There are some cases studies on our website involving previous clients and how they benefited from this broker matching service. However, I must admit, I do not think this service would be right for you given the size of your business.
I occasionally take on a few select businesses and provide the owner with an Assisted DIY service i.e. I help them sell their business themselves and without the risk of lower end brokers. I do not know enough about your business to make an offer to get involved, but I would be happy to spend a few minutes on the phone to have an exploratory chat if you wish to book a call. You could use that opportunity to raise any questions related to valuing or selling businesses.
I had an introductory visit from a broker yesterday and they have provided a valuation for my business. How can I tell if the broker is any good? Alan
Great question, Alan.
If the broker contacted you out of the blue, that's the first warning sign! The best brokers in the UK are so inundated with work that they don't cold call, don't send out marketing emails and don't give any spiel about having lots of buyers looking for businesses just like yours. You have to persuade them to take on your business rather than the other way around.
Second, out of the people who come to me saying they've already spoken to a broker over 75% of them quote just 4-5 names out of the nearly 1000 firms in the UK that handle the sale of businesses. And the names they tend to quote are, in order, KBS (or Knightsbridge Corporate), Intelligent Business Transfer, Turner Butler, Blacks and RTA.
Some of the above brokers come across as very professional, they seem to have impressive credentials, they put together a very slick looking brochure etc. But for many brokers their talent lies in signing you up, not in actually selling your business.
Third, it pays to do a great deal of research before signing up with a broker. Do some Google searches for the broker's name together with terms such as "feedback", "reviews", "scam" etc. Then to see how dismal some of them are, go further and actually pose as a buyer and ask for details of businesses they currently have on their books. How responsive are they? How quick? If you raise questions about an individual business how convincing are their answers?
I have some reviews here of the best known brokers, a page here on how to choose a business broker and a list of hundreds of brokers in the UK if you wish to research a few more. With respect how to find the right broker for your business - my material has been published at this page on the Jonathan Lea Legal Network, this page on the BBP business magazine website and elsewhere. If you have over £5 million in turnover, or £100K in net profit, get in touch with me and ask about my broker matching service. I own and maintain the UK's largest database and knowledge base of business brokers - their sector specialisation, their fees, their client feedback, their geographical coverage and much more.
A competitor is interested in my business and would like to put in an offer. Do you know anyone who can negotiate this deal for me? Tony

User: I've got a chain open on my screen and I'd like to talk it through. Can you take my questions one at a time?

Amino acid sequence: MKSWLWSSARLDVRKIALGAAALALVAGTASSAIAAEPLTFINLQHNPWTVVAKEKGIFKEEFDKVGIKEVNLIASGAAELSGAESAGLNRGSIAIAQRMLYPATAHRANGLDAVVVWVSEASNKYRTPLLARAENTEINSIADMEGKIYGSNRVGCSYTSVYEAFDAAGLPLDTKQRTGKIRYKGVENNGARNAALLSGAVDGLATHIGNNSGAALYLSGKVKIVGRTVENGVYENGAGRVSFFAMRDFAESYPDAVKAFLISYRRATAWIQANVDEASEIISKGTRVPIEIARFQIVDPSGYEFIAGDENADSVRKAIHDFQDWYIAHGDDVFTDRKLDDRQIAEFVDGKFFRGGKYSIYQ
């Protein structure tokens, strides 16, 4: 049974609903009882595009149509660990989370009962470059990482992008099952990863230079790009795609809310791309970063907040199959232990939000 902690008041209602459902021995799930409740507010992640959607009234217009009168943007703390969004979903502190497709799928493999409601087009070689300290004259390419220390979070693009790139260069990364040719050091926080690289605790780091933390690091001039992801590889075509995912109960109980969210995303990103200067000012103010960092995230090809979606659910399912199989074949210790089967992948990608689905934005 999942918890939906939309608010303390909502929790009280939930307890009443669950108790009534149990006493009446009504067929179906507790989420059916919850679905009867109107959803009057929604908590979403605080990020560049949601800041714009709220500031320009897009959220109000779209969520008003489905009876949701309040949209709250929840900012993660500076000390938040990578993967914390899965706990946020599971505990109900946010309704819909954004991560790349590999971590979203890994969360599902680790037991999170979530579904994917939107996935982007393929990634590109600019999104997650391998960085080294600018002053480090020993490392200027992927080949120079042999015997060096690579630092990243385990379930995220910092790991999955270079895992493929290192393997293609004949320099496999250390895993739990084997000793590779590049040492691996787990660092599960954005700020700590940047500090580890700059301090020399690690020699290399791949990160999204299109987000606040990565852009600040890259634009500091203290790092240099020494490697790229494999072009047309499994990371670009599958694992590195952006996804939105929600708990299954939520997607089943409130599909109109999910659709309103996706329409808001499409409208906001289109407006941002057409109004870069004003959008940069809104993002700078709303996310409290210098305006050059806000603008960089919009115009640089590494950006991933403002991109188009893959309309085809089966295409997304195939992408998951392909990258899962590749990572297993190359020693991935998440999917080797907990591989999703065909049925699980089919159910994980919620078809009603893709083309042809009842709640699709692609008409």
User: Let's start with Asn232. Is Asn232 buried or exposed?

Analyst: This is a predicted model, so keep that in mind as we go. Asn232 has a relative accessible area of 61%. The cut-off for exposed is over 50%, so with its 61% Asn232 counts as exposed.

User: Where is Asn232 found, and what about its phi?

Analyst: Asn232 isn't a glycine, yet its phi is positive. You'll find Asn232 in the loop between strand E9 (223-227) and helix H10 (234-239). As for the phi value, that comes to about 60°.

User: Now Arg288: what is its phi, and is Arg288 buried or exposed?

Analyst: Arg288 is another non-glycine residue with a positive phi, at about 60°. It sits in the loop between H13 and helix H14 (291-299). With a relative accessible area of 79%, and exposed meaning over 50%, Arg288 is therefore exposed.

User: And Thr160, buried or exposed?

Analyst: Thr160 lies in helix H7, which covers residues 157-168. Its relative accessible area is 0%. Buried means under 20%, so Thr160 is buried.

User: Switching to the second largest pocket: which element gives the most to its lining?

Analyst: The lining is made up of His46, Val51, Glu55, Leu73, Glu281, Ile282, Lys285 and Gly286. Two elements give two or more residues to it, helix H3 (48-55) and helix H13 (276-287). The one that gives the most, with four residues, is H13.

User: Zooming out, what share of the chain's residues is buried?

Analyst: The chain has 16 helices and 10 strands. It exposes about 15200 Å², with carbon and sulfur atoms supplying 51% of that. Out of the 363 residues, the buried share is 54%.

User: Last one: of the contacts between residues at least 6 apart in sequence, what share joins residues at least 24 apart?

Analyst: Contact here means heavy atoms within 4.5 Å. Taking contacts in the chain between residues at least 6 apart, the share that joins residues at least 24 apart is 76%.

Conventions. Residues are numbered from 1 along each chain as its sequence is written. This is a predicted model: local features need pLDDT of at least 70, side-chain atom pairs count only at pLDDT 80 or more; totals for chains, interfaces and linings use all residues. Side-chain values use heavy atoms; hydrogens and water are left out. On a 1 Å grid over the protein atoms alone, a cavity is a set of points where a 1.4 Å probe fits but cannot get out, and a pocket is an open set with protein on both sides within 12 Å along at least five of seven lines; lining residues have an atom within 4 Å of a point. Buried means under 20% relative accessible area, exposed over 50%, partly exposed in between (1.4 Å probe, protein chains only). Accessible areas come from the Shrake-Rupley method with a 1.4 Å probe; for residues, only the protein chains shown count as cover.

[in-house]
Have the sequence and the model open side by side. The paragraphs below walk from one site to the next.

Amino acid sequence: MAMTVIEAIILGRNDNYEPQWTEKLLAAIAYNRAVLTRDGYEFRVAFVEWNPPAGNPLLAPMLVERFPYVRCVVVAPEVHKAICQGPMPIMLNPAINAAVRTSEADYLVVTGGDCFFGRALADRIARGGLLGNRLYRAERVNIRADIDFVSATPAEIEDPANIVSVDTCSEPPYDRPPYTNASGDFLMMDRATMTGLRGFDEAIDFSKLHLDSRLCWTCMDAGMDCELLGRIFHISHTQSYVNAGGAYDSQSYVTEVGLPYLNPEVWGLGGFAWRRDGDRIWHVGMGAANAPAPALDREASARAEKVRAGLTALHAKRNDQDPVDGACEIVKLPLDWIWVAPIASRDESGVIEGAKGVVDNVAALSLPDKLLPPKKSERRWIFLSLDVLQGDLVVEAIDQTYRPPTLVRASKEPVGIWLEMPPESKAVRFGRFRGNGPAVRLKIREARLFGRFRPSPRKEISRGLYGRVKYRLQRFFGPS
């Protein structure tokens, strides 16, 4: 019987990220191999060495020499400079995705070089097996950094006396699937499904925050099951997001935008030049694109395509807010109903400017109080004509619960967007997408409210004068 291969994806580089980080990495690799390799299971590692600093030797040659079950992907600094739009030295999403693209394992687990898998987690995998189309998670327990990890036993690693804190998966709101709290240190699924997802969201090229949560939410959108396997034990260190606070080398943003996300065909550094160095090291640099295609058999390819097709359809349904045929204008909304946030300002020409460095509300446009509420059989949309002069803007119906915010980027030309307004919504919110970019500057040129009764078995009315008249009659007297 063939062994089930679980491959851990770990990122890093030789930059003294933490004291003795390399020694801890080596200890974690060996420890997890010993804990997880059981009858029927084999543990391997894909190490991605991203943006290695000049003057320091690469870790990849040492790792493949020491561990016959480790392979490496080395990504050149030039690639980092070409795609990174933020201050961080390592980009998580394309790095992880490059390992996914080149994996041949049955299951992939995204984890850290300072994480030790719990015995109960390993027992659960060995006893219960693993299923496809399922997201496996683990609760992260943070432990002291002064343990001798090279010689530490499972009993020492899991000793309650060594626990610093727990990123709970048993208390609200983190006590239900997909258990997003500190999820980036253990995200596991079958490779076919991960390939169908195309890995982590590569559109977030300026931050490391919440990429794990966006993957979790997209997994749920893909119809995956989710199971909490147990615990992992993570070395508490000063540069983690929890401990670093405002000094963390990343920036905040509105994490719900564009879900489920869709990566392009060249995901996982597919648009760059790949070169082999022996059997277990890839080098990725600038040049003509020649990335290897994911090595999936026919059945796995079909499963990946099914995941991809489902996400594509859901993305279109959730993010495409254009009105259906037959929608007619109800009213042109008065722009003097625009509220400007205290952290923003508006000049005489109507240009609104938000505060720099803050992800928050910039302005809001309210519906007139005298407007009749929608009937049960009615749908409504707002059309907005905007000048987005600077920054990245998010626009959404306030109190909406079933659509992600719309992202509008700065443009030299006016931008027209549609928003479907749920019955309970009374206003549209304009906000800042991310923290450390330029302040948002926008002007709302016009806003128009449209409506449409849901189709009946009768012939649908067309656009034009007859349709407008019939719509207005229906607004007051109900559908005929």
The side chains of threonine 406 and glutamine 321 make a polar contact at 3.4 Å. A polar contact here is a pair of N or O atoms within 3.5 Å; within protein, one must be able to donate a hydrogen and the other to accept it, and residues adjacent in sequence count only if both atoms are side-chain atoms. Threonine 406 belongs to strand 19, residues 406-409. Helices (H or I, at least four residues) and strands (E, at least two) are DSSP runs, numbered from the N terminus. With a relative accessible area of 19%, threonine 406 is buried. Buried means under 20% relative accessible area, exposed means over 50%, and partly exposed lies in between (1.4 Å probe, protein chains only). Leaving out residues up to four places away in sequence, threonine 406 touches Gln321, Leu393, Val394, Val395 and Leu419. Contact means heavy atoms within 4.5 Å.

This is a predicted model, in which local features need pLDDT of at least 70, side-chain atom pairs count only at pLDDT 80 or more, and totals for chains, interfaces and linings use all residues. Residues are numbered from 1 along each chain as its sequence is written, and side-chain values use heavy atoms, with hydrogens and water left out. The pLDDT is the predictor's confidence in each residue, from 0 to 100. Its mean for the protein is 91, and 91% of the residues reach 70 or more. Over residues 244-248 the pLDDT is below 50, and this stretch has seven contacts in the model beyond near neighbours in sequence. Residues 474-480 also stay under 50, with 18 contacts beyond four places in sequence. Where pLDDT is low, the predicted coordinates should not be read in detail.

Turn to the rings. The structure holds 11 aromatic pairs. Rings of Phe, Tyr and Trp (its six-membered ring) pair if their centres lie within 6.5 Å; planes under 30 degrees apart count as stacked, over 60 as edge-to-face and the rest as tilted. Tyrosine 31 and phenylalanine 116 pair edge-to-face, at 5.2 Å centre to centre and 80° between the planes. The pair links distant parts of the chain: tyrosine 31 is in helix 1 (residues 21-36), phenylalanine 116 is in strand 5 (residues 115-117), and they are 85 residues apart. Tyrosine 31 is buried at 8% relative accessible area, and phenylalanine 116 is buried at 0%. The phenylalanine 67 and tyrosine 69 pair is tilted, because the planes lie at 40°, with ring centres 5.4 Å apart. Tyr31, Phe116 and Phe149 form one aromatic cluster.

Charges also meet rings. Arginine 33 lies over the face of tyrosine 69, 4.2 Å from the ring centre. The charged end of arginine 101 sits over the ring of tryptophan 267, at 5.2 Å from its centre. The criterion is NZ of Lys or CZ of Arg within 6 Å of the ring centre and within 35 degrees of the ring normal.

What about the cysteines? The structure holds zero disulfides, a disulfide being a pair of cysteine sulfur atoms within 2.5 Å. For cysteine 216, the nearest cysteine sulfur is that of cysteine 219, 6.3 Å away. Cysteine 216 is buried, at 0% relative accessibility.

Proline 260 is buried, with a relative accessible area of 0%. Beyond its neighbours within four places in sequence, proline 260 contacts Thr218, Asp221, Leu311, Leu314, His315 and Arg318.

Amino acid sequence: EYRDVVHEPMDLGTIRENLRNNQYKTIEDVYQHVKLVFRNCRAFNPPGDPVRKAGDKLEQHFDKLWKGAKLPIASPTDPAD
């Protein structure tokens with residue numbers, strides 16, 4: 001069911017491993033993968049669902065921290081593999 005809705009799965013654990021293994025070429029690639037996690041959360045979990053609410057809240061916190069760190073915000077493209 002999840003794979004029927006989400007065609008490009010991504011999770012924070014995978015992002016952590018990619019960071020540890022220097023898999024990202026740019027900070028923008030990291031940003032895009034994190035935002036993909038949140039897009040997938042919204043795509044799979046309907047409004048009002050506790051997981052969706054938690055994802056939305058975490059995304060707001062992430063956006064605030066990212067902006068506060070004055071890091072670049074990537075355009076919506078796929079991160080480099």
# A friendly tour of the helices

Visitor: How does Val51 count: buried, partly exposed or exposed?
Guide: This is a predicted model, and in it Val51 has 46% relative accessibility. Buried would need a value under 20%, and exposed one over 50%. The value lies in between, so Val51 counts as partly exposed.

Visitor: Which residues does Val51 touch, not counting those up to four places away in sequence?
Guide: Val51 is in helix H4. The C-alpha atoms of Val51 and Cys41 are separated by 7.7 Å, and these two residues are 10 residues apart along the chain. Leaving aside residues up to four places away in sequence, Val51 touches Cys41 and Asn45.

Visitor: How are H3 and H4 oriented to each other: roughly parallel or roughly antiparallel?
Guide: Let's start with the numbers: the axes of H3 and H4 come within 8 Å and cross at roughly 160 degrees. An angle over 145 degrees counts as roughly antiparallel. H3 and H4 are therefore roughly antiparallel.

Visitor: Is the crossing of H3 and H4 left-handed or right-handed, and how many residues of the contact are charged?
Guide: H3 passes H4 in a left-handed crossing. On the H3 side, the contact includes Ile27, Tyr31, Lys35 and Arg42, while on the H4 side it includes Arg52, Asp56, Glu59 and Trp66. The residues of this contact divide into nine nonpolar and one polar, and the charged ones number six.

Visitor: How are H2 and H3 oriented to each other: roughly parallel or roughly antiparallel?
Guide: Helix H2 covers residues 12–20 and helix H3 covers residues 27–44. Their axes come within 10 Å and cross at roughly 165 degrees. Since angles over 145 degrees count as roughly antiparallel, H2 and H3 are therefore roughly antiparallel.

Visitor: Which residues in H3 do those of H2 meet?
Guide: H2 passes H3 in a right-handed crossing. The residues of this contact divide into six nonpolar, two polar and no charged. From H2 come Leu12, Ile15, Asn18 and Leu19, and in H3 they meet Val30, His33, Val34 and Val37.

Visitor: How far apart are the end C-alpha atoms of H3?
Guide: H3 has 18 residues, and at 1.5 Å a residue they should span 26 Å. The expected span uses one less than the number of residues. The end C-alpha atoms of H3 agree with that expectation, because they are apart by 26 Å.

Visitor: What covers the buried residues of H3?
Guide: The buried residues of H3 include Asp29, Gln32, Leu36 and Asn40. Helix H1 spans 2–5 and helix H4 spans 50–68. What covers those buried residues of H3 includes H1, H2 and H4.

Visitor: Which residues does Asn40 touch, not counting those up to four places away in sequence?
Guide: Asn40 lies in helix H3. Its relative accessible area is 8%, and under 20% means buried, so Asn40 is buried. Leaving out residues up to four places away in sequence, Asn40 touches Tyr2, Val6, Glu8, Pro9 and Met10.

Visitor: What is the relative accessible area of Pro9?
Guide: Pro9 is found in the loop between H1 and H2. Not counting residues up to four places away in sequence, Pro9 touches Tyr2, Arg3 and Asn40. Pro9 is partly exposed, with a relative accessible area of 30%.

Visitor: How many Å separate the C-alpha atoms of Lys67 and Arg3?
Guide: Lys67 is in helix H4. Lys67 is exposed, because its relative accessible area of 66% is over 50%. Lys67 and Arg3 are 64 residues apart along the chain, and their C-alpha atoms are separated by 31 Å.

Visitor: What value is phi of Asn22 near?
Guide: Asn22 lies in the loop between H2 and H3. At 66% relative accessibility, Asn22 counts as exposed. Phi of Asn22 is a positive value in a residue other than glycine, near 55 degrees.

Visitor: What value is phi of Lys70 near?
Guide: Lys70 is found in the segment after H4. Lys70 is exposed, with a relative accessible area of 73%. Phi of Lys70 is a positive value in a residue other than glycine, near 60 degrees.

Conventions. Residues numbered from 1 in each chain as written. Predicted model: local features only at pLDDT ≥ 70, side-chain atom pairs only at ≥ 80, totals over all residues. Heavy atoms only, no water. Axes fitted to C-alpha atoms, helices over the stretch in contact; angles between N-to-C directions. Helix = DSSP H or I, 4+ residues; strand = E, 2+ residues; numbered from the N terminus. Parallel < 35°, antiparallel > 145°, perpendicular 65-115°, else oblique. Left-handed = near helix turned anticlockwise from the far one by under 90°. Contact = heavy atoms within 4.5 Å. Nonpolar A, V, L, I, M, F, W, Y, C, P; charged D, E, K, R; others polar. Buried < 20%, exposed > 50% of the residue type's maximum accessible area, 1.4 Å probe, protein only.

Thanks for the question, Tony. You are right to seek an expert to do the negotiations on your behalf as these negotiations can be quite tricky. It's not just a matter of agreeing a number, there's a long list of points which need to be negotiated!
There are people you could hire to do the negotiation for you, but they don't come cheap. You'll be looking at between £1,000 - £3,000 per day plus travel expenses. The average negotiation for a business worth £1m - £5m takes about 5 hours. And you'll need a fair bit of time prior to that to brief the negotiator about your business & discuss what your priorities are and what you'd like to get out of the sale.
On occasion I, too, have taken on an instruction to negotiate a deal.
However, my advice would be to never engage directly with a competitor and never admit to a competitor that you might consider selling the business. This is what you need to do if you've had an offer for your business.
Even if the offer is from a firm that is not a competitor, having just a single buyer is a very, very bad idea.
What typically happens is that the buyer will get you to sign an exclusivity agreement ie. an agreement to not discuss the sale with any other buyers. He needs this as protection because he's going to be spending a fair few thousand on accounting and legal services to run a due diligence on your business and he doesn't want you pulling out halfway through because you've got a better offer.
And you shouldn't ever sign an exclusivity agreement unless the buyer knows you've got other options and other interested parties. Otherwise he'll find "faults" with the business during the due diligence and keep chipping away and chipping away at the already agreed terms!
The best approach is to engage someone who can generate multiple buyers for you before you engage with the out-of-the-blue offer. Unsolicited offers are, in over 90% of cases, not genuine offers but attempts to fish for information, gain competitive advantage or probe for vulnerabilities.
Why do you say that you lose all respect for a buyer when you realise he doesn't have enough money? Isn't it the case that most >£1m deals involve some form of seller financing or external finance?
Yes, most deals in the £1m - £10m space (small businesses rather than micro businesses) tend to involve some form of seller financing or external finance. But the less the cash the buyer has to put down, the less the respect I have for him/her!
Buyers who are looking to raise money elsewhere to complete the deal are a pain. There are several good reasons:
1. Their "external funders" are not risk takers. They are interested in capital preservation, not capital appreciation. (If they wanted to take risk they'd buy equity!) They are highly cautious and conservative and are difficult to please.
2. Having a "shadow" investor always increases the risk of deal collapse or, at best, a late stage renegotiation when the buyer comes back to say, "It's not me, guv, the external funder is demanding a lower price".
3. People who are trying to buy a business without investing their own money are generally chancers, Delboys, sharp operators.
Which is why I demand proof of liquid funds when dealing with these buyers..